Congress originally passed the Violence Against Women Act (VAWA) in 1994, in order to address the epidemic of violence against women on the federal, state, tribal, and local levels. Although the purpose of VAWA has remained the same, to protect women from violence, the protections given to women under the Act have changed significantly. In fact, each time the Act has come up for reauthorization, Congress has expanded the Act’s protection of women. Most importantly, Congress has shown an increased concern about violence against Native women and correspondingly empowering tribes to protect their own members in the most recent versions of the VAWA.
For example, one of the most significant protections in the 2005 version of VAWA was Congress’ establishment of Full Faith and Credit for tribal protection orders. A protection order is a court order that protects a victim from further harassment from a perpetrator. These orders are ordinarily issued to keep a perpetrator of domestic, dating, stalking, or sexual violence away from the victim.
Before VAWA, tribal-court-issued protection orders were not enforceable in states or other tribes. Victims who resided in Indian Country would often have to seek different protection orders in a lot of different courts in order to stay safe. This system put a huge burden on the victim, and it was often times impractical because law enforcement officers had difficulty figuring out which protection order needed to be enforced.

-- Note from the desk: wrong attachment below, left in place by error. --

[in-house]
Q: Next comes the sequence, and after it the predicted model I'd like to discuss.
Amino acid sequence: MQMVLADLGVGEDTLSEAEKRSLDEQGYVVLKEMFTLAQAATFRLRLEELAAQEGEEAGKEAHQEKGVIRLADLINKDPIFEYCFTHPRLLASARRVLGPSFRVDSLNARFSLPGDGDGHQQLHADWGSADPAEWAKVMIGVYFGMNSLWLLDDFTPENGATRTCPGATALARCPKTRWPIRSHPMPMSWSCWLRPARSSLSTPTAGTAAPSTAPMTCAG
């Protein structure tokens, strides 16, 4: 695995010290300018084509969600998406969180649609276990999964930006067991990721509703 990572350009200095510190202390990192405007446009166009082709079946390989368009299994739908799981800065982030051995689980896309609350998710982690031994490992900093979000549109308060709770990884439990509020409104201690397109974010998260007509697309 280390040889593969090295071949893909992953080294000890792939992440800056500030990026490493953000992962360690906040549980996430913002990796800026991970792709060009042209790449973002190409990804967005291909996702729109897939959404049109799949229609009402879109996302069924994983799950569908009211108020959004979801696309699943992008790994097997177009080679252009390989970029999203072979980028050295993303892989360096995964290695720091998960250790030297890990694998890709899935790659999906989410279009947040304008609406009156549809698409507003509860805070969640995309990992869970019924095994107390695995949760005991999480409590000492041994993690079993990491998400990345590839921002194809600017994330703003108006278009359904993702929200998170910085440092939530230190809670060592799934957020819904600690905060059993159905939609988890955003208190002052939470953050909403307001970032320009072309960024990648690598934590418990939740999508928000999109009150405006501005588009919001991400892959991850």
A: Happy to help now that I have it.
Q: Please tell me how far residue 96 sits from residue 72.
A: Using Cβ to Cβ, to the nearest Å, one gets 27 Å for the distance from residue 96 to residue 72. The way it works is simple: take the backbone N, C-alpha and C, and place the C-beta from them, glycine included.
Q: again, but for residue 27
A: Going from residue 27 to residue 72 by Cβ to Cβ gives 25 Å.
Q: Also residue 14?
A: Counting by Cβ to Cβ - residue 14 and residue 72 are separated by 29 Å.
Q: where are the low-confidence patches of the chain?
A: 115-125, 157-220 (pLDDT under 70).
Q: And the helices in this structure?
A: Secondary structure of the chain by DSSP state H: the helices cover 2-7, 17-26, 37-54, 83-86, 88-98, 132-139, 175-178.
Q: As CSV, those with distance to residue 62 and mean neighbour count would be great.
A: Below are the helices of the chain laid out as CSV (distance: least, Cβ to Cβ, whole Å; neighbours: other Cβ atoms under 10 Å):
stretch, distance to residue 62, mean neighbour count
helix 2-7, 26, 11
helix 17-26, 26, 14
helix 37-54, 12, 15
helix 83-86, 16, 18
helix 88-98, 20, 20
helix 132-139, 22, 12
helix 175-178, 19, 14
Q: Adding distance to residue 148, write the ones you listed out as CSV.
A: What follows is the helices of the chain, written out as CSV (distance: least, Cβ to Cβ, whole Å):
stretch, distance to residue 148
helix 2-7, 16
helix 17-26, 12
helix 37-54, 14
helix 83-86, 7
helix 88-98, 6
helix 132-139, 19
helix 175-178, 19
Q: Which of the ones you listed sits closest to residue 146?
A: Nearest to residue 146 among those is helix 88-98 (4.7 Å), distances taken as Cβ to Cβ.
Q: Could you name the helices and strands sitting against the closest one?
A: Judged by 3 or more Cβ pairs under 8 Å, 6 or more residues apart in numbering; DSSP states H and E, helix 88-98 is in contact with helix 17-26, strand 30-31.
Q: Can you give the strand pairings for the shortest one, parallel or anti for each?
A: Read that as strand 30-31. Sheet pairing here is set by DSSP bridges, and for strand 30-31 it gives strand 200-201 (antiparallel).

Codified under 18 U.S. C. §2265, any qualifying protection order issued by a tribal court must be afforded full faith and credit by all other jurisdictions, including other tribes and states. Moreover, if a jurisdiction, other than the original tribe, must enforce that protection order, they must enforce it as if it was their own. In other words, protection orders are treated the same and are enforced the same, regardless of which jurisdiction issued the order.
VAWA enables victims to seek safety and to travel to other jurisdictions without the added burden of having to obtain new protection orders for every jurisdiction where they may work, pass through, attend school, or reside. Furthermore, assuming that the tribal court issued a valid protection order, the tribe has the power to enforce its own order, including holding the violator in civil or criminal contempt of domestic violence protection orders, regardless of whether the violator is an Indian.
Visit The National Congress of American Indians (NCAI)
"Tribal Implementation of VAWA" Resource Center!